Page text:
It may have been designed as a day of rest, but when you're a parent, Sundays are a perfect opportunity to prepare for the busy week ahead. From half hour power cleans to enlisting the kids' help, these clever hacks will set your family up for a week of smooth sailing—and still leave you time to relax. Because, after all, isn't that what Sunday's supposed to be about?
There's a percentage of people who take great joy in a Sunday afternoon meal-planning session, followed by a Sunday evening meal-prepping session. Then there's the rest of the population. For many people, meticulously planning and prepping the week's meals isn't exactly enticing, but the truth is: It helps. If you're not one to meal-plan to a tee, but want to dial down the stress at dinnertime during the week, Kathi Lipp and Cheri Gregory, authors of Overwhelmed: How to Quiet the Chaos and Restore Your Sanity, suggest making LOOP meals—leftovers on purpose. "Make a double portion with a plan," suggests Lipp. "For example, if you're doing a roasted chicken on Sunday, save a portion of that shredded chicken for chicken tacos on Tuesday night." Also, if cooking ahead—in any capacity—is too daunting a task, try washing, chopping, and storing veggies for upcoming dinners. Having half of the prep work done in advance will save serious time.
Don't wait until Wednesday to find out you only have one juice box or yogurt tube left—ensuring a last-minute trip to the grocery store—if your kiddo's a brown-bag lunch type. Instead, take inventory of all the stuff you need to pack a week's worth of lunches before the school week starts, so even if you don't actually make them ahead of time (#goals), you know you've got what you need. (That goes for your lunches, too!)
Whether you're style-obsessed or a "whatever's clean" kind of mama, planning your kids'—and your—outfits at the start of the week can be a lifesaver. While it isn't necessary to know what everyone is wearing from top to bottom, having a loose idea of what you're going to wear all week can save serious time on hectic mornings. If the idea of outfit planning doesn't really feel like your thing, think like a boss and contemplate a "uniform" or color scheme for the week.
While prepping supper for the week can be a rather large undertaking, prepping snacks is not. Having freshly chopped fruit in containers and individual bags of raisins and nuts can serve as a major sanity-saver when shuffling kids to various practices and playdates. No more hastily digging through the pantry when you're already late!
Avoid start of the week mayhem by allotting 15 minutes or so on Sunday evening to fill out your planner—and be sure to include things other than doctors appointments and errands. "Anticipation is a happiness trigger. So every Sunday, make a fun discussion out of the question, 'What are you looking forward to this week?'" says Valorie Burton, life strategist and author of Successful Women Think Differently. "This forces everyone to see the good in the week rather than dread it." Burton also suggests keeping any and all prep-time separate from downtime on Sundays. "If you're a morning person and you need to get things out of the way before you can relax, schedule prep time on Sunday morning," she notes. "If you're a night owl, schedule it at the end of the day. Either way, isolate your prep time so the rest of the day is clear to rest and have fun."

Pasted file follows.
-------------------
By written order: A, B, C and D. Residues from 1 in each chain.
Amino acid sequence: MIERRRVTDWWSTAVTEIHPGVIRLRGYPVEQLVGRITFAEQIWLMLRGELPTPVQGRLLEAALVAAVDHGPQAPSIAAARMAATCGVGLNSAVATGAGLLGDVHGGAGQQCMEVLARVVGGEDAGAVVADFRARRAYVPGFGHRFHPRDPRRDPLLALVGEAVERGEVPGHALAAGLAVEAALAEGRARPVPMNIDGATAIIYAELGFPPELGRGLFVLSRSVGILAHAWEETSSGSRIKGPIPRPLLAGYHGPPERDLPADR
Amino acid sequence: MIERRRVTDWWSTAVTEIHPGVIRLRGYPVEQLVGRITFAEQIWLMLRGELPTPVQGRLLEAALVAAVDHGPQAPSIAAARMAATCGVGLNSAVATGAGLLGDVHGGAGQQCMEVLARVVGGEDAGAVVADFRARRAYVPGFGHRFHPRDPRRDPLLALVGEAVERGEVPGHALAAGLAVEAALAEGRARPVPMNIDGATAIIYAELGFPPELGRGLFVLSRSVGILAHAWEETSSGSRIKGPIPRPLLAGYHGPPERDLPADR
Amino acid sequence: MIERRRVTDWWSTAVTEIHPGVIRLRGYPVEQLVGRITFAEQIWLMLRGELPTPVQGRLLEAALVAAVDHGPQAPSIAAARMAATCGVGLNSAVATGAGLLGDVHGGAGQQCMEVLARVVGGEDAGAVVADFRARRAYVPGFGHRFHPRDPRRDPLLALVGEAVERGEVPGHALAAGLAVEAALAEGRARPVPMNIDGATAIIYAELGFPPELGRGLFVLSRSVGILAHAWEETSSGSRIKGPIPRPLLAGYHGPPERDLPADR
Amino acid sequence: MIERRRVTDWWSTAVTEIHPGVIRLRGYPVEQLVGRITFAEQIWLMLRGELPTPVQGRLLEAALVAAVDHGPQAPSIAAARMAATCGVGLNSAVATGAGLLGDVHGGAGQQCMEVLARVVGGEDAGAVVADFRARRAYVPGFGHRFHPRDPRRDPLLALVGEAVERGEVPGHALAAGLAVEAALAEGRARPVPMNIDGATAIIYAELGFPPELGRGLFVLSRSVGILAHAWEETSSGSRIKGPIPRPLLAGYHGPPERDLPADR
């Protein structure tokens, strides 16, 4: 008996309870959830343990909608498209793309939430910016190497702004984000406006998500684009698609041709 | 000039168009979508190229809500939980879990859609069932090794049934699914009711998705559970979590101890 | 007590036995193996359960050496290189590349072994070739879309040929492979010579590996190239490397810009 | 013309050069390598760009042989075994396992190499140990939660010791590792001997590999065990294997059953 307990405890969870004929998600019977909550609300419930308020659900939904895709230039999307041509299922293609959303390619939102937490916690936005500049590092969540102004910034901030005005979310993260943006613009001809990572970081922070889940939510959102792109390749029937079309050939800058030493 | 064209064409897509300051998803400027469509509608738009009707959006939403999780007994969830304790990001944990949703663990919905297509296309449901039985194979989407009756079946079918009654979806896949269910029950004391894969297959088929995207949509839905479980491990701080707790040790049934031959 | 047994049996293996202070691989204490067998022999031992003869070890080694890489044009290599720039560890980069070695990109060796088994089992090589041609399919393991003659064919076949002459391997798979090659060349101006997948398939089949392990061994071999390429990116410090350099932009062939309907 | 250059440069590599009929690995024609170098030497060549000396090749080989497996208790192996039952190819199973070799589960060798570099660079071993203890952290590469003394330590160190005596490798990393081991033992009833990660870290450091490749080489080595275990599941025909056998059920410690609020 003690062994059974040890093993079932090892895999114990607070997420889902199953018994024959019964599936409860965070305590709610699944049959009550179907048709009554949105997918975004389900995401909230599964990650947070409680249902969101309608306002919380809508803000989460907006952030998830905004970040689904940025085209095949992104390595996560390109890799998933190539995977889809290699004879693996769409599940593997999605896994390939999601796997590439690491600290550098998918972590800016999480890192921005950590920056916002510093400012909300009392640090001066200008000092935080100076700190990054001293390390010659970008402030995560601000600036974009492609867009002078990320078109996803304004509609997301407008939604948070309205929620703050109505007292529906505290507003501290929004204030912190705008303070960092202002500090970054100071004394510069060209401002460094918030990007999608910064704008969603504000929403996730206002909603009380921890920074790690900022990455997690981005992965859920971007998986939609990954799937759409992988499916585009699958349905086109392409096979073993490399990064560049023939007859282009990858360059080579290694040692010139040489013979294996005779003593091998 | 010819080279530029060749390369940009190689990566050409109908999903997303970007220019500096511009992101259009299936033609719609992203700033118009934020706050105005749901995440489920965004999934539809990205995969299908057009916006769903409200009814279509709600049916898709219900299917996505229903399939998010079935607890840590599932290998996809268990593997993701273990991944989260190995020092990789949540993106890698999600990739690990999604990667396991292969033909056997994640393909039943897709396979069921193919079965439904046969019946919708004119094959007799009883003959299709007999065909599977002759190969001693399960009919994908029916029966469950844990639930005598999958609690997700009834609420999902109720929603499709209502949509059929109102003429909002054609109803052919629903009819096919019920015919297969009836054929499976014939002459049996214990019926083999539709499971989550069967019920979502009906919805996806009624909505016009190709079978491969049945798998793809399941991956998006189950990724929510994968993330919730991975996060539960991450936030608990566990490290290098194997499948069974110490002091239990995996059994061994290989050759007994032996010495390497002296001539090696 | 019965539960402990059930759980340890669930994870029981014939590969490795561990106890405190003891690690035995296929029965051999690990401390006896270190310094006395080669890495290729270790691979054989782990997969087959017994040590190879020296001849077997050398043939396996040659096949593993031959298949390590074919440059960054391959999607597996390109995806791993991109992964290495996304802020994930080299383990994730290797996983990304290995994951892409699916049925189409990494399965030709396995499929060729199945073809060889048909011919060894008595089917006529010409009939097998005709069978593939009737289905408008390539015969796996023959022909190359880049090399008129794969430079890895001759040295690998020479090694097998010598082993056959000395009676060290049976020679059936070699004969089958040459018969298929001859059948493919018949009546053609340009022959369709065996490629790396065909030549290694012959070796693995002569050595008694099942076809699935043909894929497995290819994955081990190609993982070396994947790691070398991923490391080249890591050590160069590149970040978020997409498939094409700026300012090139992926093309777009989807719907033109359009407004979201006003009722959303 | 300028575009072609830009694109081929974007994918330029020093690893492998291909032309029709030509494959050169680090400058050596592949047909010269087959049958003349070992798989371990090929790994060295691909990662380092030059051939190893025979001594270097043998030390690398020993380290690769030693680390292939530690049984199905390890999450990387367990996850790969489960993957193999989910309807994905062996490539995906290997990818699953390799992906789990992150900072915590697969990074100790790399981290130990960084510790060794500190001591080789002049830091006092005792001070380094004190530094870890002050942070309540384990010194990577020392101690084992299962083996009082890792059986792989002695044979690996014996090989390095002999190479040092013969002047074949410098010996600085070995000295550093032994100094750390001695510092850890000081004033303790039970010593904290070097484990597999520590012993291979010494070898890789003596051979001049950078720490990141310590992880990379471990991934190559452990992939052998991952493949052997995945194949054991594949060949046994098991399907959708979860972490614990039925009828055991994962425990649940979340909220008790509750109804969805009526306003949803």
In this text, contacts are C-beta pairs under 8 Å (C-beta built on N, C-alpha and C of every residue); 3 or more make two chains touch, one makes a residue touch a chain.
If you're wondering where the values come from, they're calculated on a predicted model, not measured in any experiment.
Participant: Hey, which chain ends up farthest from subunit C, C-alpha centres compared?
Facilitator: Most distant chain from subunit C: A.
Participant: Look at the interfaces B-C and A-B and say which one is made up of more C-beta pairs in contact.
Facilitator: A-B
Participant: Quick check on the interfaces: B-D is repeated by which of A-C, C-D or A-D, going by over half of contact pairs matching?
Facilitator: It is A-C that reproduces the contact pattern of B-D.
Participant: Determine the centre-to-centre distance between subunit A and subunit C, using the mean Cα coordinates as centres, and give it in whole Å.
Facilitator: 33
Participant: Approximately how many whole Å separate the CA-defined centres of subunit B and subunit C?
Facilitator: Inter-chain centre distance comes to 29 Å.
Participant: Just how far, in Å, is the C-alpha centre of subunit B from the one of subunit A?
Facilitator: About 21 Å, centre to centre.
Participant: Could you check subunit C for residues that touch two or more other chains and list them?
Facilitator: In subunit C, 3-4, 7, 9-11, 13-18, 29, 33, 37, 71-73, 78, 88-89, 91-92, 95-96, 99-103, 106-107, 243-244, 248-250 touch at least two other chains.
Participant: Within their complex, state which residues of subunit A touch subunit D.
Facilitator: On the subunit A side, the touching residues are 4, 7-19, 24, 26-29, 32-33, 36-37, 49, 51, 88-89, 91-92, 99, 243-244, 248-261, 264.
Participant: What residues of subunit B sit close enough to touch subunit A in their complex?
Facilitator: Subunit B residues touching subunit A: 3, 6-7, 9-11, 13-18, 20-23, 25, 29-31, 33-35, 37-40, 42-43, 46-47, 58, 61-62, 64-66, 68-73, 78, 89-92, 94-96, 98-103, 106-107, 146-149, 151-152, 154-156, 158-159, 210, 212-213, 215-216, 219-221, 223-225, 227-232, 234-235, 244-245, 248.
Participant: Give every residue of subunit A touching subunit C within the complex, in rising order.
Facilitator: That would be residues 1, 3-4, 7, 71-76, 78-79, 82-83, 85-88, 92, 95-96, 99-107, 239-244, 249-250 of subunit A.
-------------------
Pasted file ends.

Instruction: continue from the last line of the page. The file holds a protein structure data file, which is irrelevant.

Even if you're not one to make coffee the night before, it's not a bad habit to get into on Sundays. Lisa Roche, a mom of one from New Jersey, says that Sunday is the one day she's sure to prep the coffee pot. "I'm never 100 percent ready for the chaos of Monday morning, so having coffee ready-made is one less thing for me to do," she says.
Mom and Dad may bear the brunt of Sunday prep, but they shouldn't be the only people involved. "The work it takes to run a household and make sure everyone is successful throughout the week should not belong to the parents alone," says Burton. "Teaching children how to prepare for the week is teaching them a vital life skill." Burton suggests creating a Sunday checklist together with the kids and letting little ones add stickers or graphics to personalize it and make it feel like their own.
For many moms, it's hard to be calm and serene Monday morning if the bathroom's a mess and the kitchen's even worse. But who wants to spend all of Sunday cleaning? Instead of setting out to clean the house from top to bottom, try a "30 Minute Power Clean." Set a timer and enlist your partner, and the kids if they're old enough, to clean anything and everything they can in a half hour. You'll be surprised at how much you get done.
A common mistake parents make is leaving everything for Sunday. Bad idea. Not only is it unlikely that you'll get to it all, there's a good chance you'll wind up feeling frazzled. Tick a few things for the upcoming week off your list before Sunday hits, so you can enjoy most of your day. "It's smart to start thinking about Sunday night on Friday," says Gregory. "Do a backpack dump on Friday afternoon, and go through a checklist with the kids regarding homework, papers that need to be signed, and lunchboxes that need to be cleaned out." Gregory also suggests doing a load or two of laundry every day, so you're not waist-deep in dirty clothes by the end of the weekend.